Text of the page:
Tuesday, July 8, 2008

We have arrived!



Our sincere apologies for not posting anything in quite a while. Internet access on the reservation can sometimes be an interesting thing to figure out. So we are typing to you live from the Oneida casino in Oneida, Wisconsin!

We have had emotional, powerful, and life-altering experiences this past week. I started off in Santee Sioux (in Nebraska) doing some workshops for the youth on cultural empowerment and healthy sexuality which was a blast. Got to spend the next few days in Yankton Sioux (South Dakota) doing some easy work that included visiting good friends and hanging with some of the most kick-ass Natives out there! Then moved on to Oneida and I am so very happy to be here with DJ.

We wanted to do this for so many reasons, but now that we are actually here those reasons have shifted. For starters, we have received so much support from people to do this which we are very grateful for. Many of the youth in our communities feel so disconnected from their culture, but it's interesting that when you actually ask the questions, the answers are there. So much of our family have helped in many different ways, whether that was physically preparing food or talking to us about our traditions. DJ's uncle Bruce even made us a HUGE pot of the most delicious corn soup we've ever had! (which you see featured in the picture-he's definitely the favourite in the longhouse for ceremony!)

Our eyes were opened wider while grocery shopping. It was important to us to make sure the food we consumed was not only grown ON Native land, but also PRODUCED by our own people. That was not easy to find, there were several times where we had to question and probe further to see who and where the stuff came from. People would look at us funny or wonder why we "had" to know, and although we do not want to offend any of our other relations whom we love and respect, this was about going back to where we began. We're glad we did it though since it taught us how much we need to advocate for Native farming and make it more accessible. Even that sentence is one to reflect on since our people started the whole concept of food sustainability! And look where we are now!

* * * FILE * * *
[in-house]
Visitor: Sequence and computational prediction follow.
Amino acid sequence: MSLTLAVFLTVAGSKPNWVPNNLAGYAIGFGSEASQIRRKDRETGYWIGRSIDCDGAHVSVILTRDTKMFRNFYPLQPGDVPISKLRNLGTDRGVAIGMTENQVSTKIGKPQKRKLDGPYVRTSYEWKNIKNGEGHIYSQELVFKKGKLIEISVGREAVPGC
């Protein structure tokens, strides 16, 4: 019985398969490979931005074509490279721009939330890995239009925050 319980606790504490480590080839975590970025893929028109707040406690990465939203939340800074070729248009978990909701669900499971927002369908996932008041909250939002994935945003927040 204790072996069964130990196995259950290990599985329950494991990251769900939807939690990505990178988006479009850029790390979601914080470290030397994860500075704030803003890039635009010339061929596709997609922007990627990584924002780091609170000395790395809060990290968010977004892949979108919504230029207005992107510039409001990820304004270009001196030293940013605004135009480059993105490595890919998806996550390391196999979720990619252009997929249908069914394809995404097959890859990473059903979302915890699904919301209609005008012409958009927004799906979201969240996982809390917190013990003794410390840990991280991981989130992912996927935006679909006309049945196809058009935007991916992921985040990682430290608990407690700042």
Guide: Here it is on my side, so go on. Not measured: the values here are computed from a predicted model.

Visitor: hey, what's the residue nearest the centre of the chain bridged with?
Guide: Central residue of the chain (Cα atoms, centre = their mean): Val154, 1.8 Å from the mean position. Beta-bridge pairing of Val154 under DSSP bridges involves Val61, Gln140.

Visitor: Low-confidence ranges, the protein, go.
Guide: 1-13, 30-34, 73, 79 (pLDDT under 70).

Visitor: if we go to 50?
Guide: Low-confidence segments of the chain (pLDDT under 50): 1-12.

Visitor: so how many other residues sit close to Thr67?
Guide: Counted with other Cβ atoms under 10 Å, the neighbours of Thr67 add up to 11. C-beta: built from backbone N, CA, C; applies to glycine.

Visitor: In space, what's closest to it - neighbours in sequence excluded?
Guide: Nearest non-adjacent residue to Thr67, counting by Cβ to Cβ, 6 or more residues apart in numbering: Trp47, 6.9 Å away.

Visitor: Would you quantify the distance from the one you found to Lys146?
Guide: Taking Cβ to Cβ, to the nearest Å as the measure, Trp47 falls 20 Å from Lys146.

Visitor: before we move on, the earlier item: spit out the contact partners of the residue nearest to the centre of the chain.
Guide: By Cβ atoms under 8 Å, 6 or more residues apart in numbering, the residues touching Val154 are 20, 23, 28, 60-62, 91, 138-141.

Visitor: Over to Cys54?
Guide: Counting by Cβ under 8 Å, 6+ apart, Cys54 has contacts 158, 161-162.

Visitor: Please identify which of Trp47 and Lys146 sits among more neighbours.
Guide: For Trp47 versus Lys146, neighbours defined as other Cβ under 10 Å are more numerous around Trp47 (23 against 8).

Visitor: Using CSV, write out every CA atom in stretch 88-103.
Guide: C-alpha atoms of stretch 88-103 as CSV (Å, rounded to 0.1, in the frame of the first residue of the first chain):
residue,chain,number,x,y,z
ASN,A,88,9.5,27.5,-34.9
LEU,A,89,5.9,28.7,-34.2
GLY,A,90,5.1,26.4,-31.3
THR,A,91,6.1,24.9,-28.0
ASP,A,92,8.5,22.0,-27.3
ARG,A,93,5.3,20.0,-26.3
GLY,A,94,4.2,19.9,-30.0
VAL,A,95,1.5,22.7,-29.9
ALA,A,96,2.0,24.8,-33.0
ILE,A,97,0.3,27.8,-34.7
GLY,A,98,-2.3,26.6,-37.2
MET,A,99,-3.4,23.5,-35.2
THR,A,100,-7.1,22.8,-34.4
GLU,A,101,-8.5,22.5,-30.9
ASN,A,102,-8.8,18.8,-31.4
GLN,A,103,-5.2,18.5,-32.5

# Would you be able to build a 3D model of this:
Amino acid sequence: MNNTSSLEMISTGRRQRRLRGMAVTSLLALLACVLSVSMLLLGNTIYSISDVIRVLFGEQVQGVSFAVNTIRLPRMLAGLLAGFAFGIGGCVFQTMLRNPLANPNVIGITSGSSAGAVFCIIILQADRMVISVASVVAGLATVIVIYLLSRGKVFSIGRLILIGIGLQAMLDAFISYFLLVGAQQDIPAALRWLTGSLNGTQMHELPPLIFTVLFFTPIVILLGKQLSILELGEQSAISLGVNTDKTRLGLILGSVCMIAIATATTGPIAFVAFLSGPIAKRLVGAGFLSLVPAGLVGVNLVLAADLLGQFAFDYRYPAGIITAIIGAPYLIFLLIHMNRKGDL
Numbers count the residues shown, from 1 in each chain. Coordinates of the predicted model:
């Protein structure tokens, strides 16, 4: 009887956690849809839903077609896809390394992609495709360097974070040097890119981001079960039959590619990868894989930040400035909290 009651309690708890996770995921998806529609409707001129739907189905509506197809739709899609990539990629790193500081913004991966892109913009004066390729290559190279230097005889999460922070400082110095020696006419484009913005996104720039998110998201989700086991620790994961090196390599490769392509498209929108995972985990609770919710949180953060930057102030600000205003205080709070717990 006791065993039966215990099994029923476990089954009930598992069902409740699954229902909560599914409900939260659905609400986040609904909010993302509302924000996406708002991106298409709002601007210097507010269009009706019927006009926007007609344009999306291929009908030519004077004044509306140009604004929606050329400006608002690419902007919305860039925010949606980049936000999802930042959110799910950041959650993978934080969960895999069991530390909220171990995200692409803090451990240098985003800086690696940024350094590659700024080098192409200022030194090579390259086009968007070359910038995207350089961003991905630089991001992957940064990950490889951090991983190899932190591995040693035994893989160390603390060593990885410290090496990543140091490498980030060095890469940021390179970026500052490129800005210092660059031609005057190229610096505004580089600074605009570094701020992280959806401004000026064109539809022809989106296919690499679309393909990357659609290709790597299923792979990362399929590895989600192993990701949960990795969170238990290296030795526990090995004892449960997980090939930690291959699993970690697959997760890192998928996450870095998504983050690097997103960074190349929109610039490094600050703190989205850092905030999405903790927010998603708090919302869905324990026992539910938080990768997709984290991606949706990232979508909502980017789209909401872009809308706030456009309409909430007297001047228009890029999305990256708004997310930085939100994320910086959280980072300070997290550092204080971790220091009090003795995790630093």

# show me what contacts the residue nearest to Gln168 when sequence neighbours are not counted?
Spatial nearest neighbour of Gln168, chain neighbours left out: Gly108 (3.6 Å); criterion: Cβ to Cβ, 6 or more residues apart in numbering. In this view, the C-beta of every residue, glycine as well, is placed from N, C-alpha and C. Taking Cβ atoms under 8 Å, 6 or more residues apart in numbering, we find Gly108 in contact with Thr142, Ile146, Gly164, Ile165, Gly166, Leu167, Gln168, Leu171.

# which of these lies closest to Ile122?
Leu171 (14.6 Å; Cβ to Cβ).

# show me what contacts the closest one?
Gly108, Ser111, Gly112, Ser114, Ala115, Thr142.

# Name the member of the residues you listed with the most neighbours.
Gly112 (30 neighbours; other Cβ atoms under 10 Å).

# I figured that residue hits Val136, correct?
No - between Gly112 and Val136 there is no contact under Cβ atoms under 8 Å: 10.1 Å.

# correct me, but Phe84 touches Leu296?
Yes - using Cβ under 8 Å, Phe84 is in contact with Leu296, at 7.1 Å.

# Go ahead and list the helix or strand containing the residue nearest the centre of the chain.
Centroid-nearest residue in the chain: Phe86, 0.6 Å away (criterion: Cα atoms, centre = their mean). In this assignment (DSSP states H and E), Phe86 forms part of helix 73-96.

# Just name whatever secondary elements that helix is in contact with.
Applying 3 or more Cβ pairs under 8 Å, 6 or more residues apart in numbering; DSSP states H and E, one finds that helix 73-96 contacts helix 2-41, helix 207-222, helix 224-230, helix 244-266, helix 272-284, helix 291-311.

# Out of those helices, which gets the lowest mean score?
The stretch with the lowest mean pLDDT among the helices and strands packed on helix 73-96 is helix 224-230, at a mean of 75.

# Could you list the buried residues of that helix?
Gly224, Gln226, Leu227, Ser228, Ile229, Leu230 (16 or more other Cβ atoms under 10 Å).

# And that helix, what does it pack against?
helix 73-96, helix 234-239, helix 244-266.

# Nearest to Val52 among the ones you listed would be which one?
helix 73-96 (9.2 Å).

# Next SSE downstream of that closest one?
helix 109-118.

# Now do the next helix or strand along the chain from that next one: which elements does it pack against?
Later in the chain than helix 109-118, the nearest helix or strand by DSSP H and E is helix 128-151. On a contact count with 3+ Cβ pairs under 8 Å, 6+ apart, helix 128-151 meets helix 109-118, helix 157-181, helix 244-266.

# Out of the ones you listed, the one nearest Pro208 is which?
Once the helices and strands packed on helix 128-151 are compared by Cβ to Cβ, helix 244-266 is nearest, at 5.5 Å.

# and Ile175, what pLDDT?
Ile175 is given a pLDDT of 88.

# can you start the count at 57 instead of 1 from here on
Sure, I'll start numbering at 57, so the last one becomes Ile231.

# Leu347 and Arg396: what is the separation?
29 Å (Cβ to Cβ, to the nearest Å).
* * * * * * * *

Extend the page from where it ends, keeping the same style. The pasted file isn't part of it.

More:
But we are not going to lie. It has been DIFFICULT to stick to this diet. There have been several events that we had practically no time to cook food in advance for, which meant we'd show up to things and these tummies would start to growl since we knew we couldn't eat any of the yummy food there. (just so you know, these occasions included the big Oneida powwow, a graduation, and birthdays, so lots of scrumptious cake to be had!)

The strength of our people has definitely kept us going. It has been humbling to hear that our commitment to do this has inspired them to find their way back to their traditions. This is one way that neither of us have tried before, and what we know is that YOUTH CAN AND NEED to be part of this struggle to keep our culture going for the next seven generations.

We say nia:wen and yawv?ko to the Creator for all the goodness in our lives, for bringing us together, and for blessing us with life.

But it ain't over yet! We will post more in the coming days so stay tuned!!!

PS. Here's one of our running jokes:

Jessica: "DJ, how do you snag an Iroquois woman?"
DJ: "How?"
Jessica" "Make her some corn mush!"

2 comments:

Ojibway Migisi Bineshii said...

Awesome, good to hear about how it is going for the both of you. I can't wait to hear more!

RS said...

I congratulate you on sticking to your resolve to eat traditional foods. It's probably good from an environmental point too (eating locally).

Could you include some recipes maybe??

thanks,
Rhonda